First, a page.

I promised myself that this is the very week that I would (finally) put something on this blog about the vacation that Tom and I took the week of Aug. 10th for our 11th wedding anniversary. We’d tossed around some other ideas, and we may have even gone to Hawaii if we’d planned ahead a little further (for people that know us, the beach vacation is a radical departure from our typical vacation mindset). It turned out that a shorter vacation to the East Side of the Sierra was absolutely perfect. Our trip had three parts. We had time to finish up some projects ahead of time so that they weren’t hanging over hour heads for the vacation, and then hiked to the top of Mt. Tyndall, wandered slowly through the Bristlecone Pine Forrest, and climbed in Clark Canyon.
One of the odd consequences of living in Yosemite, and also of being part of the marketing department, is that my face seems to keep showing up in funny places. I get a chuckle out of it, usually. Part of me is certainly flattered at the attention, but it’s also hard not to be self-critical.
As part of a photoshoot I participated in while I was working at the Mountaineering School, my picture was taken while I was hiking – or pretending to hike, rather – out on Old Big Oak Flat Road with El Capitan in the background. That image, for a short time, graced the cover of the activity brochure, and is now on the front of several Pepsi vending machines. My Pepsi machines, my friends tell me, are in the Village Garage, at Housekeeping Camp and maybe some other locations. Unfortunately, I’ve never really liked that picture of myself, and it’s a little disconcerting to run into such a big image of myself. I’m glad that the two machines in front of our offices have pictures of other people.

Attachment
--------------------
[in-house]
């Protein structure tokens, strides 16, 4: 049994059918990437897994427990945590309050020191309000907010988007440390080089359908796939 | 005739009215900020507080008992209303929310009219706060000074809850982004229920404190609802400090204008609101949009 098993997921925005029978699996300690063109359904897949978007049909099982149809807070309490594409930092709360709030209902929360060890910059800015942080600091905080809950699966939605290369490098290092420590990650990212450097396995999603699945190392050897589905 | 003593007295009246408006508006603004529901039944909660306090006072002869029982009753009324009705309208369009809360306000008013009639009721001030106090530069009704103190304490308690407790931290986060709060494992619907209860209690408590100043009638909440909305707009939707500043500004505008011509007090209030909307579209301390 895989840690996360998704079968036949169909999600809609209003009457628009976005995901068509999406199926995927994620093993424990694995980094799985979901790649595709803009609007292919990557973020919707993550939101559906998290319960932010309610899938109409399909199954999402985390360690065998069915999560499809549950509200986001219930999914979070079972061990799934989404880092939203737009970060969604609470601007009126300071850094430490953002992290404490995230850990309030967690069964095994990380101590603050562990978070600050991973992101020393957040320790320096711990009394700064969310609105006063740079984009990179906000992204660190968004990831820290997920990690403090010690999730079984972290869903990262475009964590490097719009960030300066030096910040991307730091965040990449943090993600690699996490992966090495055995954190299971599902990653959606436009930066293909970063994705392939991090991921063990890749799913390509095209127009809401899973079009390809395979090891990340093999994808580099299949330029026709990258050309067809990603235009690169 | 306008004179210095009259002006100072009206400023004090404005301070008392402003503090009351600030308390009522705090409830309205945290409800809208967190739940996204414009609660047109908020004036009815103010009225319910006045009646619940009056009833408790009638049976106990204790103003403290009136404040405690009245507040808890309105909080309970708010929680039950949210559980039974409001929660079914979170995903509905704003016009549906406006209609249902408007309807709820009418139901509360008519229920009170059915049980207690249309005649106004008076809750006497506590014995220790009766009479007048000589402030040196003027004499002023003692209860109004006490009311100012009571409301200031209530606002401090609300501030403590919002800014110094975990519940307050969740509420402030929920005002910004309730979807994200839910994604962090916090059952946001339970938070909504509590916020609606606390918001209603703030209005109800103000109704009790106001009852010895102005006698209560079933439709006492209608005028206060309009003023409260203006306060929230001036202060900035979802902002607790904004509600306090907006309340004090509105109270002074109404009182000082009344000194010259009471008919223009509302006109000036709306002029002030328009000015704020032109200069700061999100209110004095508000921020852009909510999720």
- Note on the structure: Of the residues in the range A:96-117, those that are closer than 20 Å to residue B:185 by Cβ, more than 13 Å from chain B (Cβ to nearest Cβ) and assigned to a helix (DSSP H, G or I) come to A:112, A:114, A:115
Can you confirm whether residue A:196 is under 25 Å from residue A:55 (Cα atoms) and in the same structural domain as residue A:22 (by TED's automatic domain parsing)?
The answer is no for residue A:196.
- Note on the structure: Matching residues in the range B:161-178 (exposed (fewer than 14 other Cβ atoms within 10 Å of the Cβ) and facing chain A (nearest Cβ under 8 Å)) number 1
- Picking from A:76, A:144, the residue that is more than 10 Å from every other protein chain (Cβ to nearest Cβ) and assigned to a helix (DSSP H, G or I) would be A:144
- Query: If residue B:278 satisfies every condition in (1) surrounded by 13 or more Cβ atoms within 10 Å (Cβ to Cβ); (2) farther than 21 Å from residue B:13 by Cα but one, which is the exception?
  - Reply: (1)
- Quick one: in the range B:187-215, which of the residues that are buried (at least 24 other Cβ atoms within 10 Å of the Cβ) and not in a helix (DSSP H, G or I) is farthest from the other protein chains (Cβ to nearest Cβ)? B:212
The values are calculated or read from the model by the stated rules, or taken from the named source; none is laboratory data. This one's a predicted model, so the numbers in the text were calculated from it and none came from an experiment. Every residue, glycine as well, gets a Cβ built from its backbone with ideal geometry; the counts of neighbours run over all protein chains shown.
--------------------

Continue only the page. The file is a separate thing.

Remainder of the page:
While at YMS, I also had a chance to go snowshoeing with Tom Stienstra, an outdoor columnist for the SF Chronicle, TV personality and guidebook author. Between that and his continued close relationship with Kenny, who now works only 15 feet from me, he recently decided to publish a story about me in the Chronicle. It is a story about the accident I was in nearly 3 years ago, and my subsequent recovery. It was interesting to work with an experienced journalist and storyteller, and to see the process that he went through in terms of preparing for an interview and then writing a story. Unfortunately, the online article generated a bunch of pretty negative comments, which I thought were either petty, immature, uninformed or a combination of the three, but they still left a bad taste in my mouth.
Some nice things have happened as a consequence of that story too. One was that another writer, Bill Katovsky, who is working on a book entitled Return to Fitness, contacted me about putting a short sidebar about me in his upcoming book. Again, I had the opportunity to witness the writing process of a professional author. The methods and styles of the two men are very different, but each time I was amazed to see the sometimes subtle, sometimes sweeping influence on the story I would have told, making it more dramatic and/or fleshing out details.